May 29th, 2022
Last week the world’s most philanthropic globalists met in Davos to discuss a wide variety of issues including climate change, inflation, and the war in Ukraine. One particular topic that has caught people’s attention is an app that can track the carbon footprint of an individual.
Alibaba Holdings President and former Goldman Sachs vice-chairman J. Michael Evans lays it out for the audience of the “Strategic Outlook: Responsible Consumption” panel:
“We’re developing, through technology, an ability for consumers to measure their own carbon footprint. What does that mean? That’s where are they travelling, how are they travelling, what are they eating, what are they consuming on our platform. So: An individual carbon footprint tracker.”
To clarify, Evans is only talking about Alibaba’s own platform, but the platform is significantly large. The Chinese company is the second-largest e-commerce company in the world after Amazon, with revenues in excess of 715 billion Yuan in 2021 (that’s over 110 billion USD).
On top of that, Alibaba is not just an E-commerce platform. Through their financial and technological service companies, Alibaba runs the largest domain name market, email provider, and cloud storage services in China, not to mention the largest payment platform in the world.
To put it in understandable terms, Alibaba is the Chinese equivalent of a merger between Amazon, Google, and PayPal.
Since Alibaba bought AutoNavi in 2014, they own the biggest e-map navigation company in China. Through Alihealth they supply online pharmacy services, as well as providing computer technology to hospitals and clinics too.
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Basically, if you live in China and want to pay for something on the internet, you probably use Alibaba. If you want to order something online from a small business, you probably use Alibaba. If you want to sell your stuff second-hand, you probably use Alibaba.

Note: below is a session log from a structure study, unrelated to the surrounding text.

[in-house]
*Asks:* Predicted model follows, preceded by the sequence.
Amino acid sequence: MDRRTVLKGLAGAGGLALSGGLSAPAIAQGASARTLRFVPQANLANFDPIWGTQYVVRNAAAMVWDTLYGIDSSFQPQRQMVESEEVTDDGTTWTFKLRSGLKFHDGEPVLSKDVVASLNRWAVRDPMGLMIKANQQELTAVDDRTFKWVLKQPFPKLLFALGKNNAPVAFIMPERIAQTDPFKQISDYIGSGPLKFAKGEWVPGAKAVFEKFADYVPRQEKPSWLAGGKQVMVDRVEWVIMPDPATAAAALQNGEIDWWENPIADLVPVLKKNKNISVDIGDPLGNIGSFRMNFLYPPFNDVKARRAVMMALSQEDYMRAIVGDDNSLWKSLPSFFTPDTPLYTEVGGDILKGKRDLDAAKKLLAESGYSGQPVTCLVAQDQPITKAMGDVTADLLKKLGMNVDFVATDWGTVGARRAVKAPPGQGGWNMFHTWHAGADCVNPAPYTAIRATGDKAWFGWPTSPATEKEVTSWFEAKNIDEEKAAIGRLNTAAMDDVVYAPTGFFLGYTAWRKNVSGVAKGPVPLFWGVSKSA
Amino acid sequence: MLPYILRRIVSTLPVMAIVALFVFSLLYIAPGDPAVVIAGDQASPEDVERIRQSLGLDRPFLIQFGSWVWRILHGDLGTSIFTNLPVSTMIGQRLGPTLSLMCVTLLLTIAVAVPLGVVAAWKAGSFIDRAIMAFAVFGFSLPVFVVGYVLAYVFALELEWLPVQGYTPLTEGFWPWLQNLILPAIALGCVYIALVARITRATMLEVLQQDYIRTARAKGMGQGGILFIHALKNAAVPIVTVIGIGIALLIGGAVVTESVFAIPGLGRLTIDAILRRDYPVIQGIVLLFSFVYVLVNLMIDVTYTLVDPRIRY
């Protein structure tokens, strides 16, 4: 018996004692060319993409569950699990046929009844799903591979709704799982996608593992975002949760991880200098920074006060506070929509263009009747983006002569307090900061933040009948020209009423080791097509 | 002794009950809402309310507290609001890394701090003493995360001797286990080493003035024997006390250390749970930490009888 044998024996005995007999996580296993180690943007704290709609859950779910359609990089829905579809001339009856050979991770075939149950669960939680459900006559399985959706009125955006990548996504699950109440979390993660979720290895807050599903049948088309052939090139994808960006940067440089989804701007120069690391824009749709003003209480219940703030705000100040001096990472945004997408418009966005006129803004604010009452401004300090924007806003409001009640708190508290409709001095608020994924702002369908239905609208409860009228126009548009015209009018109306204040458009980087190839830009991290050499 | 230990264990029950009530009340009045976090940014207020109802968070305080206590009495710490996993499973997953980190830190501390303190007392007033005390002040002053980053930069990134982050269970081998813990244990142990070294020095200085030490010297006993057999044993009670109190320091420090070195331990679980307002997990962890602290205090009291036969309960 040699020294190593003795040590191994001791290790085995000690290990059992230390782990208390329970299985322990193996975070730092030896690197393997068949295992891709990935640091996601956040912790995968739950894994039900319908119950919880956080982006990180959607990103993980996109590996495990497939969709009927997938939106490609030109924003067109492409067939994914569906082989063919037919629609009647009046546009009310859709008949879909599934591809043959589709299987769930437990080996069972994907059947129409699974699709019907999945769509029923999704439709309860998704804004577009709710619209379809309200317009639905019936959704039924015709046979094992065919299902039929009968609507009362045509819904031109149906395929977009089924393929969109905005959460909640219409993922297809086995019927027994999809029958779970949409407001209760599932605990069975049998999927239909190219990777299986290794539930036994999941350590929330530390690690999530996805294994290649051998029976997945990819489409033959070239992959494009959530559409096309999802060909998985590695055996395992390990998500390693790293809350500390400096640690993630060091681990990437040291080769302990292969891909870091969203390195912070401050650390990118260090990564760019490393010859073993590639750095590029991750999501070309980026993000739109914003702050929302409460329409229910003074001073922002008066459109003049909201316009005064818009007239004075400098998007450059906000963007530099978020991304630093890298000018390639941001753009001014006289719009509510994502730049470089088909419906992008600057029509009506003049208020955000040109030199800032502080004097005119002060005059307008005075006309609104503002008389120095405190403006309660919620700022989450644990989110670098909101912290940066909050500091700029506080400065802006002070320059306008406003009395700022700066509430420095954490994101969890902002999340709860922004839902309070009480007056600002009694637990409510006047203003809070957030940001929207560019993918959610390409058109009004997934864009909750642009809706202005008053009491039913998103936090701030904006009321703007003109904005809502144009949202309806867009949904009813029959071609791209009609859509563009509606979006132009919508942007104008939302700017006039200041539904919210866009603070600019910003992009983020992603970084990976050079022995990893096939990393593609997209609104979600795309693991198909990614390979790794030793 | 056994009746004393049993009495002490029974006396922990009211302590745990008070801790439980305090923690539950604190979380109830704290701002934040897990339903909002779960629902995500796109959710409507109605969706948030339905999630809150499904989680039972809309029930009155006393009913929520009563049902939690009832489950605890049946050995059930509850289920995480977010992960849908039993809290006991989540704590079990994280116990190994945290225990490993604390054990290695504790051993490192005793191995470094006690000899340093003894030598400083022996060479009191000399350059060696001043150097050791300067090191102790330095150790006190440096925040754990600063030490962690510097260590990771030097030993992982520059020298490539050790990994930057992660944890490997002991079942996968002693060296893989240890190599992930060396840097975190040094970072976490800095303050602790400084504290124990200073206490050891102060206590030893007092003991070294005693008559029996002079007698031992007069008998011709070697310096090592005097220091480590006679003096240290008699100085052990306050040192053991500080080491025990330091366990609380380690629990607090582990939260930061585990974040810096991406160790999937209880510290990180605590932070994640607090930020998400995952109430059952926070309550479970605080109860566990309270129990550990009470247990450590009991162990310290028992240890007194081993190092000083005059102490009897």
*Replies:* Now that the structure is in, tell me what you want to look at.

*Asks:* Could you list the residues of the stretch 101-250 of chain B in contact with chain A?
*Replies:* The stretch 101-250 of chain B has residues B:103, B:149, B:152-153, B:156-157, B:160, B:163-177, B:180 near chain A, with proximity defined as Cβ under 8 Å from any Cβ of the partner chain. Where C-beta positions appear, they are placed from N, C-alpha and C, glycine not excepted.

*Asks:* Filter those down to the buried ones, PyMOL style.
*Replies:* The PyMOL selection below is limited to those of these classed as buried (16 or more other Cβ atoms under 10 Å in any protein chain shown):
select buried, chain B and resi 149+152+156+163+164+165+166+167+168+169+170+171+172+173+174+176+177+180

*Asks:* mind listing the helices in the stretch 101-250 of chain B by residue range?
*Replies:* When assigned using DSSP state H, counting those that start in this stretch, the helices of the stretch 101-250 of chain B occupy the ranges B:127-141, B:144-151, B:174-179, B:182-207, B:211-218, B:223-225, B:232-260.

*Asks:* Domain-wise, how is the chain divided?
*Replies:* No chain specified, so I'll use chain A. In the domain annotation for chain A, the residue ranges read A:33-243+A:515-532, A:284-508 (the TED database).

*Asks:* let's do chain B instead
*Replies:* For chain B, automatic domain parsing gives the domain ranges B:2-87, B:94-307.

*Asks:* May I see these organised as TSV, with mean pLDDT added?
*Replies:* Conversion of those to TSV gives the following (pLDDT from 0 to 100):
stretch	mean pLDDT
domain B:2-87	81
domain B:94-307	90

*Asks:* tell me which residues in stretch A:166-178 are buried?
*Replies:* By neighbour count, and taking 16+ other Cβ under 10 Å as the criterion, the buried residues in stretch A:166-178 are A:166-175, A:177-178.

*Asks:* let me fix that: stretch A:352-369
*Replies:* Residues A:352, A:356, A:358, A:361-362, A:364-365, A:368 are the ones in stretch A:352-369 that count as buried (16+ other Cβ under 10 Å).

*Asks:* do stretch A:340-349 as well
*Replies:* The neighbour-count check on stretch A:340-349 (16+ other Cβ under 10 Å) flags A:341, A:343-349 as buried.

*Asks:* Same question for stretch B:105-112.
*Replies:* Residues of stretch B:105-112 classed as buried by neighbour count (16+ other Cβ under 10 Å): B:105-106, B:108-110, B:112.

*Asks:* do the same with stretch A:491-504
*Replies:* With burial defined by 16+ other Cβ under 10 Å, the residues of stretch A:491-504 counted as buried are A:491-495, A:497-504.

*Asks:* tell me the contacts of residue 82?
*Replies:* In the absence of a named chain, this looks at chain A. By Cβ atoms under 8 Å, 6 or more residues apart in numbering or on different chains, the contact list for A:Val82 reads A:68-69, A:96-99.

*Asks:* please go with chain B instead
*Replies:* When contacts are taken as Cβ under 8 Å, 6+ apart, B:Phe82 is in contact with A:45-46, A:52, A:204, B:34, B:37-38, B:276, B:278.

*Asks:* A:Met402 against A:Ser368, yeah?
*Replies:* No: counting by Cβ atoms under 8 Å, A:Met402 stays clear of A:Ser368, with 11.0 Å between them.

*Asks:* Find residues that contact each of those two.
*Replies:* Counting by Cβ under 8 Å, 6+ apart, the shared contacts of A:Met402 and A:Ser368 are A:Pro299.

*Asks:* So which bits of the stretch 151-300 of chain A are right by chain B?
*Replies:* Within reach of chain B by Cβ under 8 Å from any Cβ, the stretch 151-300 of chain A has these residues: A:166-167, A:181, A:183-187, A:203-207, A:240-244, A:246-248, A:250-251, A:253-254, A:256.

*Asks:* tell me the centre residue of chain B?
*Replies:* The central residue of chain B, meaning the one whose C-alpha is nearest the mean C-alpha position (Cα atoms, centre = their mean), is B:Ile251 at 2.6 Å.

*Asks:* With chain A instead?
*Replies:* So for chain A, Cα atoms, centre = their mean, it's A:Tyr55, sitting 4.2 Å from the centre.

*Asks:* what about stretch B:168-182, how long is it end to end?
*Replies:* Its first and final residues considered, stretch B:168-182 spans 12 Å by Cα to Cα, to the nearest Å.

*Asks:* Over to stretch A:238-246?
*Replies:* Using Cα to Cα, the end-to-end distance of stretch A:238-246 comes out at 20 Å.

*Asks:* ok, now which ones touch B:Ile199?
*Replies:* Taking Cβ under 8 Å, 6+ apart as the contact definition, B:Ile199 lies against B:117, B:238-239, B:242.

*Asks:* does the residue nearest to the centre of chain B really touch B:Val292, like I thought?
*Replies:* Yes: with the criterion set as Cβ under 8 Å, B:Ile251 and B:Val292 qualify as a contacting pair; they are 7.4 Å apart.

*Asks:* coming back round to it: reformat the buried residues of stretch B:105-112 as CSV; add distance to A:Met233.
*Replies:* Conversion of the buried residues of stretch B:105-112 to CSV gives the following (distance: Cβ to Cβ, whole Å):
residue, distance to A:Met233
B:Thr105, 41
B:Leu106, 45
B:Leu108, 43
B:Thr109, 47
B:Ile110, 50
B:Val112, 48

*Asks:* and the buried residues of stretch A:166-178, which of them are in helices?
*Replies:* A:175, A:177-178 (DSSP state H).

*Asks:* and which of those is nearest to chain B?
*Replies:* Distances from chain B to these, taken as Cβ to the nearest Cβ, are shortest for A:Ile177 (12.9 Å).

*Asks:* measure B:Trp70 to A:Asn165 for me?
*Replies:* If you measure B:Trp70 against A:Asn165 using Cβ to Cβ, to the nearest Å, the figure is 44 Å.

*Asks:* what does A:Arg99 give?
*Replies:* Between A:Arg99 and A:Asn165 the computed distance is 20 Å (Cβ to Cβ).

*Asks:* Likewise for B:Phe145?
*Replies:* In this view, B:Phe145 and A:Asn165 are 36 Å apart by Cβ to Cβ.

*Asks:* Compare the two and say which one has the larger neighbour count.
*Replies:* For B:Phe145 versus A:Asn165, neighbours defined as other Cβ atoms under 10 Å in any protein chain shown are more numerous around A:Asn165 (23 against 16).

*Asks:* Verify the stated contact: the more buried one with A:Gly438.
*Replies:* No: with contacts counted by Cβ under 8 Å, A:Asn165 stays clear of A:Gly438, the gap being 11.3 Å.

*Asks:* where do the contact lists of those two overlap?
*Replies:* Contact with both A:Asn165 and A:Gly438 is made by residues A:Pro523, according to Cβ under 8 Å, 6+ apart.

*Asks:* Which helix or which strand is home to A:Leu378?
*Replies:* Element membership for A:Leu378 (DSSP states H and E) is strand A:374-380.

Alibaba’s also a market leader in AI services, becoming the first-ever payment platform to start using facial recognition technology to confirm payments in 2017. Other projects you may recognize include “CityBrain”, an AI designed to scan cities and provide “streamlined” traffic services. Warning of potential accidents as well as making public transport more efficient, a clear move toward “Smart Cities”.
This won’t be the company’s first “individual carbon footprint” app either. In 2017 their payment platform subsidiary Ant Financial Services was named 6th in Fortune’s “Change the World” list for its Ant Forest app.
And while we’ve been focusing on the individual carbon footprint tracker, something else Evans says later in the panel is just as interesting:
“The third thing, we call it “Green Travel”. So, we have within our business something called AMAP – a mapping, think Google Maps or Ways – plus travel destination business. So what we’re going to allow people to do is, first of all, calculate the best and most efficient route and also the most efficient form of transportation. And then, if they take advantage of those recommendations, we’ll give them bonus points which they can redeem elsewhere on our platform. So, they are incentivised to do the right thing, even while they are provided the opportunity to do the wrong thing.”
Let’s put these three facts together. It seems Alibaba currently has apps, either being used or in development, that:
- Monitor travel routes and methods and “reward” users for making the “correct choice” even when they are allowed to make “the wrong choice”
- Can track an individual’s “carbon footprint”, including what they eat and where.
- Have users “earn points” for “earth-friendly habits”.
Individually these functions are worrying enough, but when combined with what we already know, it starts to paint a troubling picture. Add that with what we already know of the company’s reach through its subsidiaries: Smart Cities, banking, healthcare records, emails, internet activity, and more.
How long before Alibaba decides to “reward” other “correct choices” that have nothing to do with the environment? Like vaccination, for example.
How long after that do they start punishing what the ruling class deems to be incorrect choices?
Ryan DeLarme is a disillusioned journalist navigating a labyrinth of political corruption, overreaching corporate influence, high finance, compromised media, and the planned destruction of our constitutional republic. He is also a Host and Founder at Vigilant News. His writing has been featured in American Thinker, Winter Watch, Underground Newswire, and Stillness in the Storm. He also has written scripts for television series featured on Rise.tv. Ryan enjoys gardening, creative writing, and fighting to SAVE AMERICA
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